These Old Houses

These Old Houses

These Old Houses

Scenic Paint Crew
Picnic
James Madison University 2017 (Freshman year)

Sarah Philips, Scenic Designer
John Burgess, Technical Director


Scenic Paint Crew
Picnic
James Madison University 2017 (Freshman year)
Sarah Philips, Scenic Designer
John Burgess, Technical Director


Scenic Paint Crew
Picnic
James Madison University 2017 (Freshman year)
Sarah Philips, Scenic Designer
John Burgess, Technical Director


It was Labor Day, 1953. The town was rural, maybe somewhere in Kansas. The houses were in need of upkeep. That’s where I came in. My name is Addison; I’m part of a team of illusionists.

The play was Picnic. I worked on the stacked stone foundations, shingled walls of two houses, picket fence, house railings, window sashes, porch deck, and the porch posts of the houses. Our collective mission was to convince the the audience that they were right there with the players in the heat, the dust and the drama.


Photo courtesy of Richard Finkelstein

Foam and a Hot Knife are Foundational to Stagecraft!


The stacked stone foundations were made of 2” building foam panels. They aren’t very good at supporting weight, but transform convincingly into stone and are much less physically demanding than the real thing. Picnic is where I was taught how to use a hot knife, and I must say I became quite a fan of it. When using a hot knife, I first recommend gloves as to not burn your hand. Trust me when I tell you it gets hot! Another tip I learned throughout the process is to let the knife guide the cutting instead of forcing and pushing the knife to go faster. If you let the knife do its job properly, the foam should slice off and sizzle up at the touch. However, if the hot knife is being forced to go too fast, the foam does not get cut through properly all the way and can shred and chip off.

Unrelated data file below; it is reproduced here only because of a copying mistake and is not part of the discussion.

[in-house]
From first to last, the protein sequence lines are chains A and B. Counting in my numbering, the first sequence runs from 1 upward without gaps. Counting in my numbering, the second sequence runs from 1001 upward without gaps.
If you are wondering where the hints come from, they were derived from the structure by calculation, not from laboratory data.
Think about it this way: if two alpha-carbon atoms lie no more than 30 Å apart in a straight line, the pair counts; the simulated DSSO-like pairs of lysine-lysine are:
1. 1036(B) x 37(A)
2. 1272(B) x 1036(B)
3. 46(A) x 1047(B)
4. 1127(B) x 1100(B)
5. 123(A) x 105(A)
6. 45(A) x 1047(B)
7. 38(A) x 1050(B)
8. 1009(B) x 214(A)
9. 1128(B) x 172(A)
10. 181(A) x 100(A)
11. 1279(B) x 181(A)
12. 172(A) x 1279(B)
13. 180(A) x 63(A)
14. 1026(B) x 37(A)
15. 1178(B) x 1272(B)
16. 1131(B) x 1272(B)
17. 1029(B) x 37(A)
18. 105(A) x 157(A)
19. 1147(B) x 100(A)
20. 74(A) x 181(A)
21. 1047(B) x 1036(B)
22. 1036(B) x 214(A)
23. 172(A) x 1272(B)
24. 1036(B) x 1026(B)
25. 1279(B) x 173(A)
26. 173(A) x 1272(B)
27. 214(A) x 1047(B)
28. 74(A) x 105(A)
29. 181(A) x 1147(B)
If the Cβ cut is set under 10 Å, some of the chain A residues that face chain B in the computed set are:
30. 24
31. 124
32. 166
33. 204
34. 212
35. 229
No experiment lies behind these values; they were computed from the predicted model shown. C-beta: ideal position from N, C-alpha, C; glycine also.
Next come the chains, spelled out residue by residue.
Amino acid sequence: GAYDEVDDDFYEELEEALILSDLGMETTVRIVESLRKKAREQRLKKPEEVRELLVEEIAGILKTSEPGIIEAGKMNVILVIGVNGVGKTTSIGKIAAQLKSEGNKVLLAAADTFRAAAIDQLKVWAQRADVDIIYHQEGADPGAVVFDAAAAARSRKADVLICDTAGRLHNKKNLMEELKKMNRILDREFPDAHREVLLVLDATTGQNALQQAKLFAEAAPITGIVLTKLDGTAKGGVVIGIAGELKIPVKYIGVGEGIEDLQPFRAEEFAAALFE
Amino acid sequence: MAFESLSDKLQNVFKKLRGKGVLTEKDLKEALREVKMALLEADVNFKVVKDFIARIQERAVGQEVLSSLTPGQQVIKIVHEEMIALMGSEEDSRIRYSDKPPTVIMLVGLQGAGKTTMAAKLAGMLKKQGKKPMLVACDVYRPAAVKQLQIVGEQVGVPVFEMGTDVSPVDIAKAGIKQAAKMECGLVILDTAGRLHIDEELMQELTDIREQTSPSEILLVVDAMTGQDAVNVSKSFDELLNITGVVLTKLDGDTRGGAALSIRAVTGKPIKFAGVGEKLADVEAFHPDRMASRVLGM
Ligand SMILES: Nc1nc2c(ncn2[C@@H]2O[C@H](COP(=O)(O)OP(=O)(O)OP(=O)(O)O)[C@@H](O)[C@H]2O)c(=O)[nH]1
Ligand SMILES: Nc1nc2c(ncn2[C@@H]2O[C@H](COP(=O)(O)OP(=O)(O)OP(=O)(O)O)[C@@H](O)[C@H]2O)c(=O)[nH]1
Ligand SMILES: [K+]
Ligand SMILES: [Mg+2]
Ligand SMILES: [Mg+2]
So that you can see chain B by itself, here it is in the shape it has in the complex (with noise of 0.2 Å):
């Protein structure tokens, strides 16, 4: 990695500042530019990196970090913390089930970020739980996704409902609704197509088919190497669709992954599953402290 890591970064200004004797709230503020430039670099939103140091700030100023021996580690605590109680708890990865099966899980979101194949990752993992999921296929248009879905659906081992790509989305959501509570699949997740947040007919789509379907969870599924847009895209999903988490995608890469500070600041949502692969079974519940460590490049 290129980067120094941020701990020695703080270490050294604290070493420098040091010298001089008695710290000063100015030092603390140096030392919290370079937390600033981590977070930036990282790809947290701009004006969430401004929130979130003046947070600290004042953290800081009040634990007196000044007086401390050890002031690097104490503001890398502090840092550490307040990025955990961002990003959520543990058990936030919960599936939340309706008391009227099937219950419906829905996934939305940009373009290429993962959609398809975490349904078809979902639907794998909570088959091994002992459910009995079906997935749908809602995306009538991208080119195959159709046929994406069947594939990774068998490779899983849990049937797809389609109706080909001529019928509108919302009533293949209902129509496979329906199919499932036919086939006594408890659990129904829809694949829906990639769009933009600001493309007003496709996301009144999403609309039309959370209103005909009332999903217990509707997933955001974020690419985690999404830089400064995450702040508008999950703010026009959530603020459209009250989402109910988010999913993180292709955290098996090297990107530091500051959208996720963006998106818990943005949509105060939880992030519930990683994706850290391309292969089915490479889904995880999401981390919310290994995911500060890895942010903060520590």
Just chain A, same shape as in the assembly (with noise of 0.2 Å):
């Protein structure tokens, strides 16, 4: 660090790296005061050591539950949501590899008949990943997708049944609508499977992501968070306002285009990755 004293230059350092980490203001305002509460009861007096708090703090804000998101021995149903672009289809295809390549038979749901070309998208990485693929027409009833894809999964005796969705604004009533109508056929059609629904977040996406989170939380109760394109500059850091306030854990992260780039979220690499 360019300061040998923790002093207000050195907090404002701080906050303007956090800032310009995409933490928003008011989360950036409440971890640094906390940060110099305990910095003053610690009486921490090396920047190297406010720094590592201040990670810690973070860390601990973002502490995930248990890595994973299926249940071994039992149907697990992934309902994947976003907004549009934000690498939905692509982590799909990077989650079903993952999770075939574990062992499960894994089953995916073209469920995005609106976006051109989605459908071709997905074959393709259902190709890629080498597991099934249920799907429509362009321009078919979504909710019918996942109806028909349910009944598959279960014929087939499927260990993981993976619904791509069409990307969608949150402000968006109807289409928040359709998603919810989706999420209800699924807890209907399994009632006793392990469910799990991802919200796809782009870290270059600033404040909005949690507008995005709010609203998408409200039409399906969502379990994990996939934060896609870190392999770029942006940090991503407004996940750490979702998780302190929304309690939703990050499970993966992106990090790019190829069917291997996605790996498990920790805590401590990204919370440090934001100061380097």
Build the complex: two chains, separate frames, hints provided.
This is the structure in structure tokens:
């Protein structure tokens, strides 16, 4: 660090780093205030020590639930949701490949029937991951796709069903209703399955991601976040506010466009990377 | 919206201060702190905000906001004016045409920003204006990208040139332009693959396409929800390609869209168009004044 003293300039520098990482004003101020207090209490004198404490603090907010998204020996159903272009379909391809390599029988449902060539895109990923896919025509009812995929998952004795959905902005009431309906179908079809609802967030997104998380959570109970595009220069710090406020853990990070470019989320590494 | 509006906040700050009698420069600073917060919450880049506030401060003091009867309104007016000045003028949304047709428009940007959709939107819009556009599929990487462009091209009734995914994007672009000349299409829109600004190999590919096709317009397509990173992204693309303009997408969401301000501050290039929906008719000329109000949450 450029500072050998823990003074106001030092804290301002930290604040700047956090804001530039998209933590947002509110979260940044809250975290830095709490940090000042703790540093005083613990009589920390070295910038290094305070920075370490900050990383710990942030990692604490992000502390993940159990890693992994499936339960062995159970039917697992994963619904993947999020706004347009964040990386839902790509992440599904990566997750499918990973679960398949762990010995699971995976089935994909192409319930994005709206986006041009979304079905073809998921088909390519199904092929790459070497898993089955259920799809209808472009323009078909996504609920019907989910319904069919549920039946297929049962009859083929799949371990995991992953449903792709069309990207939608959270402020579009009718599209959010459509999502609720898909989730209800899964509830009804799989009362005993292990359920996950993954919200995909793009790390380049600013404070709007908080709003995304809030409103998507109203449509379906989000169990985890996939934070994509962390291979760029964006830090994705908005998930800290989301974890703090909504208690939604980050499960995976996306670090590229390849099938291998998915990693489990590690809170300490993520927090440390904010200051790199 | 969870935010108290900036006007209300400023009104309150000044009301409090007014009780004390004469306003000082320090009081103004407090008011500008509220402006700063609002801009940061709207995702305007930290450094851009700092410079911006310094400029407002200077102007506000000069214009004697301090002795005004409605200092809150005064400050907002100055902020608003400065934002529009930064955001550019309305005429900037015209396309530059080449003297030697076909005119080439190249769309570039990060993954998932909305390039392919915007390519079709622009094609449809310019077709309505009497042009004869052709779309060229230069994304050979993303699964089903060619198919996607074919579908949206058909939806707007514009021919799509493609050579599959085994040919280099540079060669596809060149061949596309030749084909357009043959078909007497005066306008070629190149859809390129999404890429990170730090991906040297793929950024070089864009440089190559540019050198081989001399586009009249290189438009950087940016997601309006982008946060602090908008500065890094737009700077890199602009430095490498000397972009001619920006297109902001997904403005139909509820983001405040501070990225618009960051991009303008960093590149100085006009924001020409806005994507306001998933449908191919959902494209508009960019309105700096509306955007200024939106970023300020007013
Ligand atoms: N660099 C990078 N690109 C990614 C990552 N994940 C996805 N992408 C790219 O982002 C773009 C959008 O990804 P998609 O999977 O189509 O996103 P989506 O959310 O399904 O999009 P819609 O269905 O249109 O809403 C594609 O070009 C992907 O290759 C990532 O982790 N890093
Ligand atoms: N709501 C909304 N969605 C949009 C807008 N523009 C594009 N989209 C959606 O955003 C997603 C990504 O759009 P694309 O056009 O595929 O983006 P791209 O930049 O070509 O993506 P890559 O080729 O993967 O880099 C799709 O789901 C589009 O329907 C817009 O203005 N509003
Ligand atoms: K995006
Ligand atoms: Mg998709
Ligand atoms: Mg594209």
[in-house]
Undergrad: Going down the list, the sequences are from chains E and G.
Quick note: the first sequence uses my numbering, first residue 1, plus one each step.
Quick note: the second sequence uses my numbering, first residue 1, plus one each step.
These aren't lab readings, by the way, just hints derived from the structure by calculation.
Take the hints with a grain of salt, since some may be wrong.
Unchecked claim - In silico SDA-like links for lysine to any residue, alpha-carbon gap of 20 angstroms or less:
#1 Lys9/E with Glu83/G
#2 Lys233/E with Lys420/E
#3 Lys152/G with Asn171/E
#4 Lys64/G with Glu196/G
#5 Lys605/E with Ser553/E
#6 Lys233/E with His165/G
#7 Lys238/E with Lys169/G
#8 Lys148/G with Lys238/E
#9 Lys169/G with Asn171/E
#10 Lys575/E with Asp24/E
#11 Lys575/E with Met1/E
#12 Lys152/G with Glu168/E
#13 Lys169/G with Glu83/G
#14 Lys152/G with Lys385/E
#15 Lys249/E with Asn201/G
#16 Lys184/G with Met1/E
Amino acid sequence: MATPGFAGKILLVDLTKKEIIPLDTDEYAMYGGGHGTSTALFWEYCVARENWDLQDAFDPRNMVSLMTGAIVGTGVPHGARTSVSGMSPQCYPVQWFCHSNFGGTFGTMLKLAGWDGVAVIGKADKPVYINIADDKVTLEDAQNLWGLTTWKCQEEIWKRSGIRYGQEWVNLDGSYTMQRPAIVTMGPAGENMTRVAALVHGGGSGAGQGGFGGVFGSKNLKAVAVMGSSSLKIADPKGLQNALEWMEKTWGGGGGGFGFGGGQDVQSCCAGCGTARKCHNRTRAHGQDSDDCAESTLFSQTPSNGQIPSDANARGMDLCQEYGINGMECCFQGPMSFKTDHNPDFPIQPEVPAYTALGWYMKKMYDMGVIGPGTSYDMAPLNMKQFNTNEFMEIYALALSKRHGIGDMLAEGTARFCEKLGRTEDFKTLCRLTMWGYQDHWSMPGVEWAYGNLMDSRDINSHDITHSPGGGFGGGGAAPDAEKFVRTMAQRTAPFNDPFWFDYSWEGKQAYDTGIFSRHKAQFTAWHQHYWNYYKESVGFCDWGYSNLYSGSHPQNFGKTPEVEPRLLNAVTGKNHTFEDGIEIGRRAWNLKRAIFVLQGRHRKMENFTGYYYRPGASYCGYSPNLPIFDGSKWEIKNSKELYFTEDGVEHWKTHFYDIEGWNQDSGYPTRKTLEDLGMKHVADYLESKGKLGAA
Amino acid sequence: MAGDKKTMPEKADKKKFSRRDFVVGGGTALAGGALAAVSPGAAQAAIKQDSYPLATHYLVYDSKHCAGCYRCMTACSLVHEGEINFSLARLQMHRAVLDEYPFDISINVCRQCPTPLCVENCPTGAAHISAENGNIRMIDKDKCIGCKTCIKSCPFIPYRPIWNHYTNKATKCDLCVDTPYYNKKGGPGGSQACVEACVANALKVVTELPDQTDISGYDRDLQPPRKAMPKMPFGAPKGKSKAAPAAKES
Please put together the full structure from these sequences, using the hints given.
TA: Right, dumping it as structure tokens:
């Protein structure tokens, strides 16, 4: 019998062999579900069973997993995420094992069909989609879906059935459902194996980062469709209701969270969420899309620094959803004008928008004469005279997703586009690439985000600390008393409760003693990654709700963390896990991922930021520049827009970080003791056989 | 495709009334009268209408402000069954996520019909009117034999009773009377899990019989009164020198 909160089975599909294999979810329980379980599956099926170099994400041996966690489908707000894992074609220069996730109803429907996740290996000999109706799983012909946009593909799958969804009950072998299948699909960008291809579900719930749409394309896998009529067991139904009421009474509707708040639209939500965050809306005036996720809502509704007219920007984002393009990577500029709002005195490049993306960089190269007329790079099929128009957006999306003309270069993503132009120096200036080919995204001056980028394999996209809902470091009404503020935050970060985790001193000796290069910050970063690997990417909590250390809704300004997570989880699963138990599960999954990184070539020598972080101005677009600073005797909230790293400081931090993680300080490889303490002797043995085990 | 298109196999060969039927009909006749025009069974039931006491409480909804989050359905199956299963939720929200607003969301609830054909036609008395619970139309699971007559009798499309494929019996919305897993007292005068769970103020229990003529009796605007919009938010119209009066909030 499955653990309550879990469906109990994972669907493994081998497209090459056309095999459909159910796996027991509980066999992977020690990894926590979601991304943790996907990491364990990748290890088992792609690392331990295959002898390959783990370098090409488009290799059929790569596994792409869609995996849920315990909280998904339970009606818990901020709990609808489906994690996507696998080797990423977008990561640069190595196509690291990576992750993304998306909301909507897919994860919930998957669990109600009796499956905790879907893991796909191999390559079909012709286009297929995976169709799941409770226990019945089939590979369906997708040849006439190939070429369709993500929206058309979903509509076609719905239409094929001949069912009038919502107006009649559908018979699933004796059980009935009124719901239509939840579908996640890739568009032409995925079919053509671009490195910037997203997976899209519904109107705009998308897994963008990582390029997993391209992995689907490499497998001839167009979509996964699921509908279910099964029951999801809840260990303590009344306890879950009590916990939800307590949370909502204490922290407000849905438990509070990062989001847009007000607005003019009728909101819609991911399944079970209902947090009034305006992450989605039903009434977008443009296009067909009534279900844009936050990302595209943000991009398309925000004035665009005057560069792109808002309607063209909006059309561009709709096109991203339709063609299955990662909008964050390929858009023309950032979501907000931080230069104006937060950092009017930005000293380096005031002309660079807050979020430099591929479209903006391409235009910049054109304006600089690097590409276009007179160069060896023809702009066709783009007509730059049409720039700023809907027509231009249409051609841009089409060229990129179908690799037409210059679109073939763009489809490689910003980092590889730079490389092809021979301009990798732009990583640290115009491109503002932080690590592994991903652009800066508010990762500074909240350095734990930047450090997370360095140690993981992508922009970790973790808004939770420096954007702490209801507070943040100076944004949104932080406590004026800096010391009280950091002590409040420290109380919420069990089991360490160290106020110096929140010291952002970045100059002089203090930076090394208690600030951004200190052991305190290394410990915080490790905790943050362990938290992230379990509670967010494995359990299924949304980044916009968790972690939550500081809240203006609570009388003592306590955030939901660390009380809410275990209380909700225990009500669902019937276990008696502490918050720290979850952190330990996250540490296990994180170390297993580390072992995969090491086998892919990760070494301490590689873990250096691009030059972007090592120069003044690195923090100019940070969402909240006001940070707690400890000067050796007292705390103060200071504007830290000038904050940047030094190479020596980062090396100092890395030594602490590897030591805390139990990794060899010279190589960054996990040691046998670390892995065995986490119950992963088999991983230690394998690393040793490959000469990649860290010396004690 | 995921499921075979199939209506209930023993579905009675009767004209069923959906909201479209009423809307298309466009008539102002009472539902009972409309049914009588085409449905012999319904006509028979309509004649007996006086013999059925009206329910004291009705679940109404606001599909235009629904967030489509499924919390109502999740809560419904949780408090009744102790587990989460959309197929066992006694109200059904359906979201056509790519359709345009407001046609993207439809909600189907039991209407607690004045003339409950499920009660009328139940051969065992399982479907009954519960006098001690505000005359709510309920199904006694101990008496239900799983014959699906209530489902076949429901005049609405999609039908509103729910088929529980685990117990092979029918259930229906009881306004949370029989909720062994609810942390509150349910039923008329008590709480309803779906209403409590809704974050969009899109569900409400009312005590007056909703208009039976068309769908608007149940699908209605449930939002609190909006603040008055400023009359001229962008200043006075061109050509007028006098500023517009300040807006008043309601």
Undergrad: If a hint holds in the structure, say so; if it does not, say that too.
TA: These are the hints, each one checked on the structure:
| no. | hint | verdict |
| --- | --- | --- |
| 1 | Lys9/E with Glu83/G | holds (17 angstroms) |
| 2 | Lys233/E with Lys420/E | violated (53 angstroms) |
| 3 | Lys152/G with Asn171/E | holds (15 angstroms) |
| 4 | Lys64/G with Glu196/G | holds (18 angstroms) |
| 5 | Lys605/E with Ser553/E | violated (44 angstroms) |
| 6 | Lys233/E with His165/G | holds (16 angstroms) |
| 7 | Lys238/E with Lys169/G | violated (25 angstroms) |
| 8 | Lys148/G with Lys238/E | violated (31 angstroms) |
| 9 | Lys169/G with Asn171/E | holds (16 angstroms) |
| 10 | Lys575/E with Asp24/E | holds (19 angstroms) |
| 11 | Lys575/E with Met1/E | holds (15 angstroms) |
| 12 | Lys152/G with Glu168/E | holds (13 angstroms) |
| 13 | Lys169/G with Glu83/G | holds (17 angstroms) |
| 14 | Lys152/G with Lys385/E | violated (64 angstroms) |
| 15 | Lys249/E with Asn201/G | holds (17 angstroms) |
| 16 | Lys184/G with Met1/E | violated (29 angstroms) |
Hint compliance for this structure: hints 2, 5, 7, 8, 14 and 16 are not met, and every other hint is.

I used a charcoal stick to draw the rocks based on the rendering, then followed the lines with the hot knife. Because of the lack of uniformity of rocks, the scenic charge artist instructed me to make some of the crevasses deeper than others.


Stone in this part of town wasn’t flat and polished, so we used a sander to rake off some top layers of the foam to make indentations. The rough, uneven, and natural texture transformed the foam into a rock formation that didn’t require a jackhammer for strike.

The final step was to add color and even more natural, random texture.  Spray paint was the carving and coloring tool of choice. Instead of choosing craft paint that would sit on top of the foam without damaging it, we intentionally selected standard paint that would eat into the foam to create deeper and more realistic crevasses. We sprayed black from the bottom to create a shadow effect, while spraying highlighted tan colors across the top for realistic, natural, diversity in the rocks.


For the rustic, unmaintained effect of the house-left house, we completed a three-step process. Step One was the base coat which was a mid-grey color. After that dried, we applied a vast amount of Elmer’s Glue to the boards over the base grey. Immediately after the layer of glue, a coat of the desired prominent color was added on top. Thinner layers of glue allowed for not much movement in the top paint—this created thinner cracks in the paint that show the base color through. When there were thicker pockets of glue in one place, the top paint coat separated more easily to allow the base color to show through while the glue forced the top layer to appear as though it had weathered away.


The shingled facings of the house-right and upstage house-left houses were designed not from luan, like the downstage house-left house, but from cardboard. We painted the cardboard grey, followed by a drybrush of green over the grey once it dried. Creating curled and distorted cardboard added to my toolbox a new, realistic way of portraying another weathered building material.

Here, I am finishing wash coats on the porch deck for the house-left house. Though not visible in these photos, the porch had to be realistic for patrons in the balcony.

Here, I am finishing wash coats on the porch deck for the house-left house. Though not visible in these photos, the porch had to be realistic for patrons in the balcony.



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